I met Jonny quite early on in my career as an author. We had a lot in common - both Jewish, both living in Haringey, both published by Frances Lincoln Children's Books. We shared a lot of friends. But it wasn't this that made me immediately feel that I had a new friend. It was Jonny's warmth and humour, his wit and imagination and, when I heard him speak at an event organised by Haringey libraries, the way that children so obviously found him inspiring and infinitely entertaining.
He met a lot of children. He was always visiting schools, working with children, making them laugh, encouraging them to read, inspiring them to write. His way of being an author wasn't about celebrity or making a fortune (although in Haringey schools he was famed for being a lot of children's favourite author). It was all about the readers. Who knows how many lives he changed? It is certainly in the thousands. That, in the end, is the real measure of an author's success.
When Frances Lincoln closed its children's fiction list, we authors had a meal with our wonderful editors to thank them for their hard work. I organised a collection to buy them gifts. But I didn't want to make a speech - why would I, when I knew that Jonny would do it so much better than me? I only asked him that evening, and he rose to the occasion and made the perfect speech.
To get an idea of Jonny's style and wit, here's a tribute from the Hertford Literary Festival. Or read one of his many books - there are more than 80, including the Striker Boy series.
Over the last week I've spoken to a lot of people about Jonny, to fellow authors and to members of the Jewish community (in part because I am Features Editor of the Jewish Chronicle). These are some of the things that people have said.:
My connection with Jonny was meeting him on the block or on the school run where he would approach me with a high five and big smile . We would chat about stories and publishing. He was kind, funny, generous and a warm hearted figure in this community. I once did an event with Jonny at our local library where he delighted the children by playing magic tricks while talking about his stories.. He was passionate about engaging the creative spirit in children and young people and was very successful in engaging boys in particular about becoming keen readers and writers. . His enthusiasm and playful nature was infectious and his passion for stories, reading and creativity has been communicated to so many.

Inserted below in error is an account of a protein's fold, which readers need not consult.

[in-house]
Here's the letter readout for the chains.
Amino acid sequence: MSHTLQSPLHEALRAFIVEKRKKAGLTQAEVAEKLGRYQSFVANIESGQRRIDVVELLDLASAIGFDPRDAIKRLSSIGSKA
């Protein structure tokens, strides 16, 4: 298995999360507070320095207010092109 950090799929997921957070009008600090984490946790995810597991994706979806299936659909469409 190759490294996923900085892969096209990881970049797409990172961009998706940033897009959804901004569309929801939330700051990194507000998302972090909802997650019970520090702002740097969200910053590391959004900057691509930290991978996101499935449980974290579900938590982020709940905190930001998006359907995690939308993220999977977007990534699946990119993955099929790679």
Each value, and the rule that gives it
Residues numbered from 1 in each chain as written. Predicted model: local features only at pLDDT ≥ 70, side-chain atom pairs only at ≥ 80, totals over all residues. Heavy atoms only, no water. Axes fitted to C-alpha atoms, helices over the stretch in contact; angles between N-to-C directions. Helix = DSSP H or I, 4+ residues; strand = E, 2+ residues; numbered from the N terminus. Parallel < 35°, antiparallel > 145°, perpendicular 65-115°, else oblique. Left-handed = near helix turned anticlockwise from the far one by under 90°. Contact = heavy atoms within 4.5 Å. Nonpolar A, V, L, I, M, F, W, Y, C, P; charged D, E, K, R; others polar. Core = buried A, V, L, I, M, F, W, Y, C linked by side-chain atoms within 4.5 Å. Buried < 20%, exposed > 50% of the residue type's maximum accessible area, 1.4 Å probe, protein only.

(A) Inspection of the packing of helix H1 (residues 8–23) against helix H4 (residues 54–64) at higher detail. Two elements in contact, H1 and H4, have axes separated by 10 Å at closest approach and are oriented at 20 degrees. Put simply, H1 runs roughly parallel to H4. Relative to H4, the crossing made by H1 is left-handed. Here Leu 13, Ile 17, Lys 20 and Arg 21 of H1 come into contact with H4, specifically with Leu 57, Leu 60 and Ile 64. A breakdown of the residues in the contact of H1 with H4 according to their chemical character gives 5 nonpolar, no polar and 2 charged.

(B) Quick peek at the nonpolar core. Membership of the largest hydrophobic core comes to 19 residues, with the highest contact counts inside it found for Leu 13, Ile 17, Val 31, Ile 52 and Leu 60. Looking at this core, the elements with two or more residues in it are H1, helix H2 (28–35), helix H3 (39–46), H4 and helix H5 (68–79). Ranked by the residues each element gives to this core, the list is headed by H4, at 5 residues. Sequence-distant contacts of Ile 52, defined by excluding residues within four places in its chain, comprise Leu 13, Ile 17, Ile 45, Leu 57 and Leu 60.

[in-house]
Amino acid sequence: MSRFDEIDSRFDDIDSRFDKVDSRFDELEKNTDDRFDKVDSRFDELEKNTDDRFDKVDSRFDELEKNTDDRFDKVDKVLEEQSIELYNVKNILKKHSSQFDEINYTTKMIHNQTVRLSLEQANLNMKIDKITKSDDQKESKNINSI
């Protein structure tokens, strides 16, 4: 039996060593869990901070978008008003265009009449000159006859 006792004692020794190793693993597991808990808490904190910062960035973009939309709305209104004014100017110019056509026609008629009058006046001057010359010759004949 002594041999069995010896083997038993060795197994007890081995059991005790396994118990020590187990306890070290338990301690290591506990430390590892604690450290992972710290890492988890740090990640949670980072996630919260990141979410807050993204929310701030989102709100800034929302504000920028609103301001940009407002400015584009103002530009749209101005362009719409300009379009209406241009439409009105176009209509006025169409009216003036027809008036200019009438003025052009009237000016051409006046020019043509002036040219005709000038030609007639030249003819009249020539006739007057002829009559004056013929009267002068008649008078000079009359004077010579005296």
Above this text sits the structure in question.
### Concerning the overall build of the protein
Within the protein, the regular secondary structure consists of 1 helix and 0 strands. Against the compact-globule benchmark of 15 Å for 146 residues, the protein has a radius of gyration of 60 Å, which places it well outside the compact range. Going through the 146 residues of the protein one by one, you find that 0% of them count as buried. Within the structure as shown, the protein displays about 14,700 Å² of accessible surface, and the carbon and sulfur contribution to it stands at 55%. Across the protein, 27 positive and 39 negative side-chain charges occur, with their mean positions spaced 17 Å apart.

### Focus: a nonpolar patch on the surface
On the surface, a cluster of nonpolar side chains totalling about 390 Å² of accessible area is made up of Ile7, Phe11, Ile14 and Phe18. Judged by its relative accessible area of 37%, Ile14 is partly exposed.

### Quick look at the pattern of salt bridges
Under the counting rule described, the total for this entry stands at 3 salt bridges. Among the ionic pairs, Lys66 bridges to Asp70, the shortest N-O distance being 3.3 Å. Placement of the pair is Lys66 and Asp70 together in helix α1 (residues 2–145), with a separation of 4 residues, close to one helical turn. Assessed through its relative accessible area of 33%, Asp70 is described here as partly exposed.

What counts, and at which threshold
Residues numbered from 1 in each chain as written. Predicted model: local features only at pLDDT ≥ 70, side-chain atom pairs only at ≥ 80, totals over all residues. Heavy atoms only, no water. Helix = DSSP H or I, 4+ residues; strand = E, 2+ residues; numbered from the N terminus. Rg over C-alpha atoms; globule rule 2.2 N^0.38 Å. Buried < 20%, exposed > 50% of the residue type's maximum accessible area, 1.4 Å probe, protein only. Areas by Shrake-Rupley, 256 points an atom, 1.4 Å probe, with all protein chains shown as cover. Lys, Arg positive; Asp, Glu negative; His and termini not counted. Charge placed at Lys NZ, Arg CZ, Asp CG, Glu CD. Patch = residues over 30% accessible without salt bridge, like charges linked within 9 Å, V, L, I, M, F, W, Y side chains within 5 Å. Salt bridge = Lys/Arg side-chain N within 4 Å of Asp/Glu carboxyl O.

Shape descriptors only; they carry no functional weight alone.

Sita Brahmachari, author.
Jonny was utterly fab - I did several joint author sessions with him over the years. His enthusiasm was infectious and kids who were lucky enough to be part of his events all ended up in stitches and totally adoring of him.
Karen McCombie, author
He never failed to make me laugh and astonish me with the prodigality of his story ideas - he once pitched ten ideas at me in one meeting. He always spoke of his work in schools promoting reading with great enthusiasm and he must have been a wonderful dad from the descriptions of rough and tumble with his boys. He loved to be cheekily ambitious in his expectations of his books and publishers but always did it with such great humour that you couldn’t help but love him for it.
Maurice Lyon, editor
I've known Jonny Zucker since we were teenagers and he was always the most talented in the room - funny, charismatic, a great mimic and wonderful storyteller. As an author, he was represented by my colleague, Stephanie Thwaites at Curtis Brown, and published fabulous books for kids, covering a whole range of subjects from football to spies, from flea detectives to illustrated books for early readers. His Striker series and Monster Swap books were hugely popular. He will be sorely missed by the schools he regularly spoke at and the countless children he inspired to read and write. We have lost a great voice, educator and man
Jonny Geller, CEO of his agency, Curtis Brown.
He was always interested in people and his ability to transcend age differences meant he was as close to his niece and nephew, young cousins and friends’ children as he was to their parents and grandparents. The loss of a man of such talent, warmth and personality has left a gaping chasm. His legacy is a significant body of work.
Jonny's friends, Anne Joseph and James Libson who wrote his obituary in the Jewish Chronicle, published tomorrow.
Jonny is mourned by his wife, Fiona, three sons, his parents and sister. I am sure I speak for the whole SAS in wishing them a long life, free from further pain and sorrow.